Lick Granuloma (Licking Sore) in Dogs
A lick granuloma is an open sore, usually at the ankle or wrist, perpetuated by constant licking. It is seen most often in large, shorthaired dogs such as Doberman Pinschers, Great Danes, Labrador Retrievers, and bird dogs.
At one time, lick sores were thought to be psychogenic in origin and related to boredom and inactivity. It now appears that many cases are preceded by an itchy skin disease (such as canine atopy) that starts the lick cycle. Other possible initiating causes include demodectic mange, a bacterial or fungal infection, prior trauma, and underlying joint disease. The precipitating event focuses the dog's attention on the area. The licking then becomes a habit that may be perpetuated by psychological events, so behavior may still be a factor.
As the dog licks at her wrist or ankle, the hair is rubbed off and the surface of the skin becomes red and shiny. Eventually, the skin becomes raised, thick, hard, and insensitive to pressure. However, it remains fresh-looking from the constant licking. Some dogs will lick long enough and hard enough to cause breaks in the skin and serious wounds.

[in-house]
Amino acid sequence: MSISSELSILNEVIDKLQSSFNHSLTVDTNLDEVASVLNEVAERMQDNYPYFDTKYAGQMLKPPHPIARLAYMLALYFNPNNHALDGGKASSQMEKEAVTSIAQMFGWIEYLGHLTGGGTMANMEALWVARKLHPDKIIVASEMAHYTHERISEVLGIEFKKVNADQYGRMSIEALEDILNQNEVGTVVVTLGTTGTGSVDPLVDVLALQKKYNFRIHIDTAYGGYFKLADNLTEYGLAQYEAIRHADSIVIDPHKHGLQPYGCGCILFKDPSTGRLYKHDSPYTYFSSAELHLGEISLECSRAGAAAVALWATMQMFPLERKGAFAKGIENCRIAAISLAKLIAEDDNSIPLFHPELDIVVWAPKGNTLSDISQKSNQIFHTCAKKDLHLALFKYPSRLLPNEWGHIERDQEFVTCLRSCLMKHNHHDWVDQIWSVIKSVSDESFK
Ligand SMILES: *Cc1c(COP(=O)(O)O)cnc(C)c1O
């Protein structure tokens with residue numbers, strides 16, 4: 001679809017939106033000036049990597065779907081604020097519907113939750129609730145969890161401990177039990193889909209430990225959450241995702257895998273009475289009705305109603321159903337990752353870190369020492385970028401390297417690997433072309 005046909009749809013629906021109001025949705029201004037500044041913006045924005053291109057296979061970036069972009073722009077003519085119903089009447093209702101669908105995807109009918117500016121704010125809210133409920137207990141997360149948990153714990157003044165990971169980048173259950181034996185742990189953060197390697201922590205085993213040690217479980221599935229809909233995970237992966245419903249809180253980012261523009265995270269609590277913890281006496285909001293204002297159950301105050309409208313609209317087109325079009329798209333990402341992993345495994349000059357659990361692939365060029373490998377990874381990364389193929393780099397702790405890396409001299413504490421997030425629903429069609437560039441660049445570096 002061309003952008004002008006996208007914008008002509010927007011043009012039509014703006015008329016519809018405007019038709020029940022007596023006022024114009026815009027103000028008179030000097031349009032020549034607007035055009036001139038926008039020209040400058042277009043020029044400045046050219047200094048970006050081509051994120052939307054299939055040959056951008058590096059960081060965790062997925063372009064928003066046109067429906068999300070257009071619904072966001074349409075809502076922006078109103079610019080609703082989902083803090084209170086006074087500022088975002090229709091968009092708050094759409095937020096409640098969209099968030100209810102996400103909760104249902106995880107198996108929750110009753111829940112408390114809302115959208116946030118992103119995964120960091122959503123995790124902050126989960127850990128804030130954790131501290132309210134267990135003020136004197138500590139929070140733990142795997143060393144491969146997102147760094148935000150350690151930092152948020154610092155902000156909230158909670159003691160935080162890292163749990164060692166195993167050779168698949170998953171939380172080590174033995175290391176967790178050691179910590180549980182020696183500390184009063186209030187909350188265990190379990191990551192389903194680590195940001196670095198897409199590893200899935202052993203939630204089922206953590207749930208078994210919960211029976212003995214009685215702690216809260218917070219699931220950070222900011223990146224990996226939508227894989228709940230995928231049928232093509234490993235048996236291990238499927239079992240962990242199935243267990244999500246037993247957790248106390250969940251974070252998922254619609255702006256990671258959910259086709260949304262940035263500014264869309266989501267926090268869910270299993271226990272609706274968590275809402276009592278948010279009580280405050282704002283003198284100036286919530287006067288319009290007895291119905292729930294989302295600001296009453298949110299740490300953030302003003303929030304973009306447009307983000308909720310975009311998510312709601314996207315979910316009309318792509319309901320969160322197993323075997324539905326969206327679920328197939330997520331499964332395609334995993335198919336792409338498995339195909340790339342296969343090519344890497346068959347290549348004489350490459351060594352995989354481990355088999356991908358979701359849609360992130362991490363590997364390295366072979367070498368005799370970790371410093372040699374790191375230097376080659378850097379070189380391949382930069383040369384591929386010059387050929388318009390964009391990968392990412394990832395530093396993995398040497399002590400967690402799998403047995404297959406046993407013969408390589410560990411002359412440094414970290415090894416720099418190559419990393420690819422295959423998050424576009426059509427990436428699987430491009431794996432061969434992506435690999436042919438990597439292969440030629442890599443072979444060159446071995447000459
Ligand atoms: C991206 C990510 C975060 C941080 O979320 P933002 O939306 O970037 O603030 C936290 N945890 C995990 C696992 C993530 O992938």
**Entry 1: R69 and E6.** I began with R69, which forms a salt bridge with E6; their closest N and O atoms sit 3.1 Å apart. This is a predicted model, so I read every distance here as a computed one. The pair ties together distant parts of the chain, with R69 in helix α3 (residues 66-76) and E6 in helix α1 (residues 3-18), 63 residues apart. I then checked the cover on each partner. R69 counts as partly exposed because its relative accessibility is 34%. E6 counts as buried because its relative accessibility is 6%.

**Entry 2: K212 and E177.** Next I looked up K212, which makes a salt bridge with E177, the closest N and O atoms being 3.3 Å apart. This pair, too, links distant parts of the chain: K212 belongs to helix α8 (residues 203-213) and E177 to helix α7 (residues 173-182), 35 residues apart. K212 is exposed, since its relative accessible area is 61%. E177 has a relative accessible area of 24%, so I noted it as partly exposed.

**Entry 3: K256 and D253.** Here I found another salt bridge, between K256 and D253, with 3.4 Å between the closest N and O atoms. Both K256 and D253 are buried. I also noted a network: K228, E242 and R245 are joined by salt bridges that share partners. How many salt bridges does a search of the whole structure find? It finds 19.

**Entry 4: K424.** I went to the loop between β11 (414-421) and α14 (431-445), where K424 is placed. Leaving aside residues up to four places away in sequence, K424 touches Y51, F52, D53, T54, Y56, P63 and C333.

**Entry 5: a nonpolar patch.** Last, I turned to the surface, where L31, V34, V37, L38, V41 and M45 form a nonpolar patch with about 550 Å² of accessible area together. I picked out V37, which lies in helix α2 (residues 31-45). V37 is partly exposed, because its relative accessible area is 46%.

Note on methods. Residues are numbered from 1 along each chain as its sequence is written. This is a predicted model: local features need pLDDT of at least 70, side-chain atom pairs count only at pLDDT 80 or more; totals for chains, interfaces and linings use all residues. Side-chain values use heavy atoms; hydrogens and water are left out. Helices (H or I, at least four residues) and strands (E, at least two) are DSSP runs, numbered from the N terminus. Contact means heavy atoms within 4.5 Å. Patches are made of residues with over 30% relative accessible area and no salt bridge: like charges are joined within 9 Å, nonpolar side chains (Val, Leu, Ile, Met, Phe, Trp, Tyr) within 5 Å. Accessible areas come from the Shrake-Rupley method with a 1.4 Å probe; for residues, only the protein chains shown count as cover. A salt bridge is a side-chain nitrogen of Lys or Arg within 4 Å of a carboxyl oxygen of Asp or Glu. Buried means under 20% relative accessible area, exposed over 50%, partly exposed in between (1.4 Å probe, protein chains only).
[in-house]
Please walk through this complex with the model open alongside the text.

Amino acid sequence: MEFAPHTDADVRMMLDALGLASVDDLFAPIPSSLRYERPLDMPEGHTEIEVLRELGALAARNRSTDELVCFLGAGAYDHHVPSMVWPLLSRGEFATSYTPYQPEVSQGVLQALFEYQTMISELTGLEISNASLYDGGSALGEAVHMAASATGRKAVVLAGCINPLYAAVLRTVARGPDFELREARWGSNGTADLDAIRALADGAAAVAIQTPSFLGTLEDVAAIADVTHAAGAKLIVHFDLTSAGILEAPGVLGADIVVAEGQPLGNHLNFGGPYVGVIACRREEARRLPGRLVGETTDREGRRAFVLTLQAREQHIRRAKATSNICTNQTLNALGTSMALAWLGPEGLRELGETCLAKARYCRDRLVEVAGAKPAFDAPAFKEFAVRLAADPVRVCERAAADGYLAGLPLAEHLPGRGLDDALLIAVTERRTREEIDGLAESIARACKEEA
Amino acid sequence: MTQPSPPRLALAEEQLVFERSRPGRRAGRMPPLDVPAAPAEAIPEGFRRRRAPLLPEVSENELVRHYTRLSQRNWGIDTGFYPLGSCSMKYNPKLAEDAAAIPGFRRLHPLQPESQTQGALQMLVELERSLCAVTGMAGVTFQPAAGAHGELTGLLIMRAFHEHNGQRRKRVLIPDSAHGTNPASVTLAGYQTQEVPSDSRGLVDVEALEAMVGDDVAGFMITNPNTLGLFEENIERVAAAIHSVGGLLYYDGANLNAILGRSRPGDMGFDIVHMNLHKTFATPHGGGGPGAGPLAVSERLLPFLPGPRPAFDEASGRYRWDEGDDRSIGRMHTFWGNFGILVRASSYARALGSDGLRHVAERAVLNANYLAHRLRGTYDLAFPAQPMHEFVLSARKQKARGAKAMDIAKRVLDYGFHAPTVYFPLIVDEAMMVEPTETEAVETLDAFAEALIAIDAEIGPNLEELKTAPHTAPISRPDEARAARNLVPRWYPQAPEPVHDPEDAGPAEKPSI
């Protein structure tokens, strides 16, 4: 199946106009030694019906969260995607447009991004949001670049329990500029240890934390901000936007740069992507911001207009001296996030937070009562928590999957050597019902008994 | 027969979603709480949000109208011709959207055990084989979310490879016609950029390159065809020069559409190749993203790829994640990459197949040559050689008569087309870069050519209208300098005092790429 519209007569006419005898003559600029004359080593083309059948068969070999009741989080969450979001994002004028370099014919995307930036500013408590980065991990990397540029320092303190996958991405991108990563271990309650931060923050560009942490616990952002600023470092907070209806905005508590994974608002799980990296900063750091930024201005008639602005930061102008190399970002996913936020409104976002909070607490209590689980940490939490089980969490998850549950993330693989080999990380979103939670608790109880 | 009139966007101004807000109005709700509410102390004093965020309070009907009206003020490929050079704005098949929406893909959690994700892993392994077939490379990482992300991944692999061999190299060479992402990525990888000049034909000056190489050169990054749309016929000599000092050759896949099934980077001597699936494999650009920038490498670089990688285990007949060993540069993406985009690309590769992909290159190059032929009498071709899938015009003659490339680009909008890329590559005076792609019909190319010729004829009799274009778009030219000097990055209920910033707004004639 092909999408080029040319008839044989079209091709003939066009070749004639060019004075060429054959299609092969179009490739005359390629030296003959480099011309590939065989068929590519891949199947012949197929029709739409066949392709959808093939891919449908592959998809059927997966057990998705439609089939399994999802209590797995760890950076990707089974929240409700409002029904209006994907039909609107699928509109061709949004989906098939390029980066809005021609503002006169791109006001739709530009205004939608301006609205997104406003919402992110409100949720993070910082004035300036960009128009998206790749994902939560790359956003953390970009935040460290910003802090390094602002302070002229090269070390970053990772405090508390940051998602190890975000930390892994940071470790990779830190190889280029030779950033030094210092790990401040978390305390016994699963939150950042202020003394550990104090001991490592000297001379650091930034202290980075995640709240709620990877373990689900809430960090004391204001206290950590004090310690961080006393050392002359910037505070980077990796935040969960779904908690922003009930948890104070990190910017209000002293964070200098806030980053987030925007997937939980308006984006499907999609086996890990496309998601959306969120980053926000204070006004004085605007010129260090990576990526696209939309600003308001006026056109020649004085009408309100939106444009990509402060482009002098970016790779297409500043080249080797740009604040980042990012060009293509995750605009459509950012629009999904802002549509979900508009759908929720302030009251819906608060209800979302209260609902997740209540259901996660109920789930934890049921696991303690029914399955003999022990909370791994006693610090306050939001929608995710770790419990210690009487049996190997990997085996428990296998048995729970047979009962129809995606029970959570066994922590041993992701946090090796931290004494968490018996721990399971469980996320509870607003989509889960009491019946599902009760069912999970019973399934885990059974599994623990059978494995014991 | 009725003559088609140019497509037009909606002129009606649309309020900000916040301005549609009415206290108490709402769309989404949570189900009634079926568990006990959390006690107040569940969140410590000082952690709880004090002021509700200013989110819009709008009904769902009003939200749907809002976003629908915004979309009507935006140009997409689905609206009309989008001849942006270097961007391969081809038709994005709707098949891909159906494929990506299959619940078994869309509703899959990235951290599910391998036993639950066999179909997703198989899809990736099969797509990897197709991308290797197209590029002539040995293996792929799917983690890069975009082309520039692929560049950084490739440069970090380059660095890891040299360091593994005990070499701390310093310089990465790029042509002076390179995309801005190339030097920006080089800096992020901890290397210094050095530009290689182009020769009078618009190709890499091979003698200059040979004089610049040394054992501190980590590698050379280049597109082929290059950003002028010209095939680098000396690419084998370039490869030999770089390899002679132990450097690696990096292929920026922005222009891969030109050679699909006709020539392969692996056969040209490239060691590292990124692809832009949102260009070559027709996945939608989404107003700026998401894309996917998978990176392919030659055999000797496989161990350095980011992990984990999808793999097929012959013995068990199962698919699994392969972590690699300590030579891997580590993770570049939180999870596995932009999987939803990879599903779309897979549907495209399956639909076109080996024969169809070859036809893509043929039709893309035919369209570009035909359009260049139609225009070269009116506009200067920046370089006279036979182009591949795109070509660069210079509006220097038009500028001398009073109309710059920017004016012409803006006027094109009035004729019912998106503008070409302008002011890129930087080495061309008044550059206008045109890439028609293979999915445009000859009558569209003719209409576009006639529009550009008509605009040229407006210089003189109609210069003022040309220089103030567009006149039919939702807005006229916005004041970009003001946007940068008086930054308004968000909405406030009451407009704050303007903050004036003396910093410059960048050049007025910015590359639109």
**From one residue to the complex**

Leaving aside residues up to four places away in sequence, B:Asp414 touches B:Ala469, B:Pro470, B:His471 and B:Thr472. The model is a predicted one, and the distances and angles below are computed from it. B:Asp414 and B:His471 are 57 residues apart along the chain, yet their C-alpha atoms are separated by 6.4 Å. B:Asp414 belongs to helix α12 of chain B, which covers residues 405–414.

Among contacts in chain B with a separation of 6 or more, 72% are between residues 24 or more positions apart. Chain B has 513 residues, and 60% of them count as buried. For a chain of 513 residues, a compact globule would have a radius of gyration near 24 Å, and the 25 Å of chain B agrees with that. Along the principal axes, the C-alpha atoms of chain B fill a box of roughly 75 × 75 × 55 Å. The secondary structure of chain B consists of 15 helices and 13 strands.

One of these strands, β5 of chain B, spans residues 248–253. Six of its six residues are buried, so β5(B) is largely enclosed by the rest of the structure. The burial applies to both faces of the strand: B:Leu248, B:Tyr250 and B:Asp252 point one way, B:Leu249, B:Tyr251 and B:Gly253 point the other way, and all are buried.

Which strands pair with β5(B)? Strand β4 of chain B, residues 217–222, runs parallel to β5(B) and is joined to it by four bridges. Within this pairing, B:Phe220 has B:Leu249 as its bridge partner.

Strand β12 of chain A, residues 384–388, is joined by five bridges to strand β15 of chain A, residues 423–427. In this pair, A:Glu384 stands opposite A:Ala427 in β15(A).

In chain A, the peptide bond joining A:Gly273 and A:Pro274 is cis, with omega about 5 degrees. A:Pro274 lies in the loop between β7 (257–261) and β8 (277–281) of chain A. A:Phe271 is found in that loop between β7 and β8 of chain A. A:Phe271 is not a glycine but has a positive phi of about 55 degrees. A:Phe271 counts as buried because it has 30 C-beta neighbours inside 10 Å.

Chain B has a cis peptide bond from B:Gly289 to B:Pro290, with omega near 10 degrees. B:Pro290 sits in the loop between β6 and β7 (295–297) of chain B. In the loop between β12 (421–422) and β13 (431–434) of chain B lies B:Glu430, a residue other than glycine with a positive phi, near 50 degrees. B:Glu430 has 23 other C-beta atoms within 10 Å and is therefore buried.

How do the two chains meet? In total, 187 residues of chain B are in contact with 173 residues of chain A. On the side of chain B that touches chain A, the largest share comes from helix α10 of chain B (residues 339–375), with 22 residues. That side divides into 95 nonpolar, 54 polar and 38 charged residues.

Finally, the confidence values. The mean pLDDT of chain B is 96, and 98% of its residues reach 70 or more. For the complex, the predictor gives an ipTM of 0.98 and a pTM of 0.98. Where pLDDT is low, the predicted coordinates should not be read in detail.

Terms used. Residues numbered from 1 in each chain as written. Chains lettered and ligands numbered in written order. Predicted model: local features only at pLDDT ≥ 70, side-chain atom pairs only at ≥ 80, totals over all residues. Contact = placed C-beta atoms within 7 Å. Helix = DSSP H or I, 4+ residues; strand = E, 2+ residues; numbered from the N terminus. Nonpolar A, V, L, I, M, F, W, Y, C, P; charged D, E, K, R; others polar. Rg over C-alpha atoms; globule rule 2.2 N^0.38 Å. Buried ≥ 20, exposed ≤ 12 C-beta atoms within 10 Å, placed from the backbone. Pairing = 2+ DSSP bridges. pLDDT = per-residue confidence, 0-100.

Treatment: It is important to review the course of events in an attempt to identify the precipitating cause. If a disease such as canine atopy is diagnosed, medical treatment is directed toward that condition.
Local treatment may involve the use of topical and injectable steroids, radiation therapy, bandaging, surgical removal, cryotherapy, and acupuncture. Some dogs will require antibiotics due to secondary infections. Results are variable. The lick granuloma is one of the most difficult skin problems to treat successfully.
Because lick sores are perpetuated by psychogenic factors, a change in the dog's routine or lifestyle should be part of the treatment program. For example, some arrangement may need to be made to provide company for the dog when the owner is away. A new puppy in the house may provide companionship and entertain an older dog. Behavior-modifying drugs may be beneficial in some cases.
This article is excerpted from “Dog Owner’s Home Veterinary Handbook” with permission from Wiley Publishing, Inc.
Copyright © 2007 by Howell Book House. All rights reserved.
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